China says it will support Chinese IPOs abroad

China says it will support Chinese IPOs abroad

March 17, 2022: On Wednesday, China signaled support for Chinese stocks after days of worries about U.S. delisting risks sent the stocks plunging in New York and Hong Kong.

State media said that Chinese and U.S. regulators are progressing toward a cooperation plan on U.S.-listed Chinese stocks, citing a financial stability meeting chaired by Vice Premier Liu He.

Liu heads the central government’s finance committee and is a Chinese Communist Party’s central committee politburo, the country’s second-highest circle of power.

“The Chinese government keeps on supporting various kinds of businesses’ overseas listings,” the state media report said in Chinese, translated by CNBC. The article noted that regulators should “complete as soon as possible” the crackdown on internet platform companies.

The report of Wednesday’s meeting said authorities would work towards stability in Hong Kong’s financial market and the struggling real estate sector.

Hong Kong’s Hang Seng Index extended earlier gains, increasing 9% Wednesday afternoon, rebounding from its lowest close in six years. Chinese tech giants Alibaba and Tencent soared over 20%, while other major Chinese tech stocks increased.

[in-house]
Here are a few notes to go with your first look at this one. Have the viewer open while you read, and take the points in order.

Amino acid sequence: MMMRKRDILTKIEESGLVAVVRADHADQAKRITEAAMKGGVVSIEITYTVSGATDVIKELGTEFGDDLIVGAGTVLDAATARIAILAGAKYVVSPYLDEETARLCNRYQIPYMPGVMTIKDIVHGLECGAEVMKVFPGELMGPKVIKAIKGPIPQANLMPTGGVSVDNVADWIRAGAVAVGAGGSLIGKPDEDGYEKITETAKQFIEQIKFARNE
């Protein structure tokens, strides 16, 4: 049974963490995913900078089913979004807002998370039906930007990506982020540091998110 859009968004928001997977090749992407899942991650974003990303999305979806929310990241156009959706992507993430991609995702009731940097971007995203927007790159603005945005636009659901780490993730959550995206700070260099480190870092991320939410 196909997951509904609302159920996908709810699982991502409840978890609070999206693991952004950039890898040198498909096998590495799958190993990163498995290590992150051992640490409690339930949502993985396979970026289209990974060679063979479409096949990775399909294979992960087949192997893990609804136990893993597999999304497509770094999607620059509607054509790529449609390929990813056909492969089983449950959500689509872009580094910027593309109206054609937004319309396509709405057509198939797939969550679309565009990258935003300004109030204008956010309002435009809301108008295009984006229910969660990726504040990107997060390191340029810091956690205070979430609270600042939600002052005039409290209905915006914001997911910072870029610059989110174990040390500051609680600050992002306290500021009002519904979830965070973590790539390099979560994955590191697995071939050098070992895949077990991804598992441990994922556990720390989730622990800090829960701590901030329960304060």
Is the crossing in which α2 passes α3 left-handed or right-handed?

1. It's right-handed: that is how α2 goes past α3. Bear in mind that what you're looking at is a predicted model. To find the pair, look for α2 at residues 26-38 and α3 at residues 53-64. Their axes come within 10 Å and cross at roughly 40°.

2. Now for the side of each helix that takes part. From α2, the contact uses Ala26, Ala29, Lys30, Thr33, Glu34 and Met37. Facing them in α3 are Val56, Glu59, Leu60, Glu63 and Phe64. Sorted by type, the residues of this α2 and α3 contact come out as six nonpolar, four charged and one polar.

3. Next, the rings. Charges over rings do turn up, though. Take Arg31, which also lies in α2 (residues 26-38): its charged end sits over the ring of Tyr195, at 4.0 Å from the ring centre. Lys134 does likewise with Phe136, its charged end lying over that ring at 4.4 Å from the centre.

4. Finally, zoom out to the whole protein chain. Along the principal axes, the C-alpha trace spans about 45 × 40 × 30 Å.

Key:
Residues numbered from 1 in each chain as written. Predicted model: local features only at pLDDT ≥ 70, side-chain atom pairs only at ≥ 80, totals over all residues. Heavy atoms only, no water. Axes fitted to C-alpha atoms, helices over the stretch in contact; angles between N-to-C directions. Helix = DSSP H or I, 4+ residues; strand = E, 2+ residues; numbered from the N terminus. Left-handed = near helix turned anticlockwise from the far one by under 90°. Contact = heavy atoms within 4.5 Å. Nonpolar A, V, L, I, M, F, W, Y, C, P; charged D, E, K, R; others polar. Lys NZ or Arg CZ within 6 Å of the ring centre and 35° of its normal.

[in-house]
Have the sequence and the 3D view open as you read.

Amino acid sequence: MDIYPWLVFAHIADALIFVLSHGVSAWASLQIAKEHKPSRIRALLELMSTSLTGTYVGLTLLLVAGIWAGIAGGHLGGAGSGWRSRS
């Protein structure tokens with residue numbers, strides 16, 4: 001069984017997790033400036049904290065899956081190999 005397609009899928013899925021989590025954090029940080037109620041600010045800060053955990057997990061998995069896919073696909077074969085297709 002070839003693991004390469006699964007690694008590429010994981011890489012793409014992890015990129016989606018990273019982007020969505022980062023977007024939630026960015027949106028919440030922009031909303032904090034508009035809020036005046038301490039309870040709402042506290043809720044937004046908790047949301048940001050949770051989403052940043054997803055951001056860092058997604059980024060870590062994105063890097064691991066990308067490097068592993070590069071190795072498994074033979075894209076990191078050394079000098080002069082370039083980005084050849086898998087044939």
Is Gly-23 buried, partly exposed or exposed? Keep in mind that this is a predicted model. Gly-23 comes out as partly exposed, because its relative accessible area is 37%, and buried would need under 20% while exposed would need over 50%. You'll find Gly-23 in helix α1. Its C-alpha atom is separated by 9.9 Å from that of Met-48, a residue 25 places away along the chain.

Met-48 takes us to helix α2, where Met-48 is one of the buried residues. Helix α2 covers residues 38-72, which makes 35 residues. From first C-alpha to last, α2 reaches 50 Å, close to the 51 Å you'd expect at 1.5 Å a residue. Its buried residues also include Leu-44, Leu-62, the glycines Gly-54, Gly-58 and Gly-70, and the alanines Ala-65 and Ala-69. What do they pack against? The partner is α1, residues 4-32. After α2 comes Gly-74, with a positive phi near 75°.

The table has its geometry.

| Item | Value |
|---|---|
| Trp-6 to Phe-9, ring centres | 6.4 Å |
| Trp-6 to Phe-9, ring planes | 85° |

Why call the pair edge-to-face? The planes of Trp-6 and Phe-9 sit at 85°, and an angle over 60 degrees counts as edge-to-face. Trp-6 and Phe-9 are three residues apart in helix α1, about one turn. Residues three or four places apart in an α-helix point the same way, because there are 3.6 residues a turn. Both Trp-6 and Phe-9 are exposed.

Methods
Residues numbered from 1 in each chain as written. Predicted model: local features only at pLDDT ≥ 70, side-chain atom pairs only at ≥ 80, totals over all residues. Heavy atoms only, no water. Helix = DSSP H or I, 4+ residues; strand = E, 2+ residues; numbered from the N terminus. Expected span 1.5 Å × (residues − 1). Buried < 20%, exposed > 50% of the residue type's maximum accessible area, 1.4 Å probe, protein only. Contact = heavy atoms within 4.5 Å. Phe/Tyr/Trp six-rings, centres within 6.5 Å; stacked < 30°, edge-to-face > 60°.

“China’s top leaders finally broke the silence to respond to the recent market selloff,” Larry Hu, chief China economist at Macquarie, said in a report. “The tone of the meeting is strong, which suggests that policymakers are deeply concerned about the new market rout.”

Worries regarding forced Chinese stock delistings from U.S. exchanges had added to investors’ concerns regarding economic growth following a resurgence of Covid-19 and the Ukraine war. On Monday, JPMorgan China Internet analysts Alex Yao and a team said they considered the sector “uninvestable” for the coming six to 12 months and downgraded 28 of the stocks they cover.

The U.S. Securities and Exchange Commission said that U.S.-listed securities for five Chinese companies are at risk of delisting in the previous week.

It was the first time the regulator named specific stocks for failing to adhere to the Holding Foreign Companies Accountable Act. Passed the act would allow the SEC to delist Chinese companies from U.S. exchanges if American regulators did not review company audits for three consecutive years.

Beijing’s concerns regarding information security have generally prevented Chinese companies from permitting audits.

Early on Friday, the China Securities Regulatory Commission said that it had made progress in communication with the U.S. Public Company Accounting Oversight Board and the Ministry of Finance.

“We believe that through joint effort, both sides will be able to make arrangements for cooperation in line with the two countries’ legal and regulatory requirements,” the Chinese securities regulator’s statement said, according to a CNBC translation.

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China says it will support Chinese IPOs abroad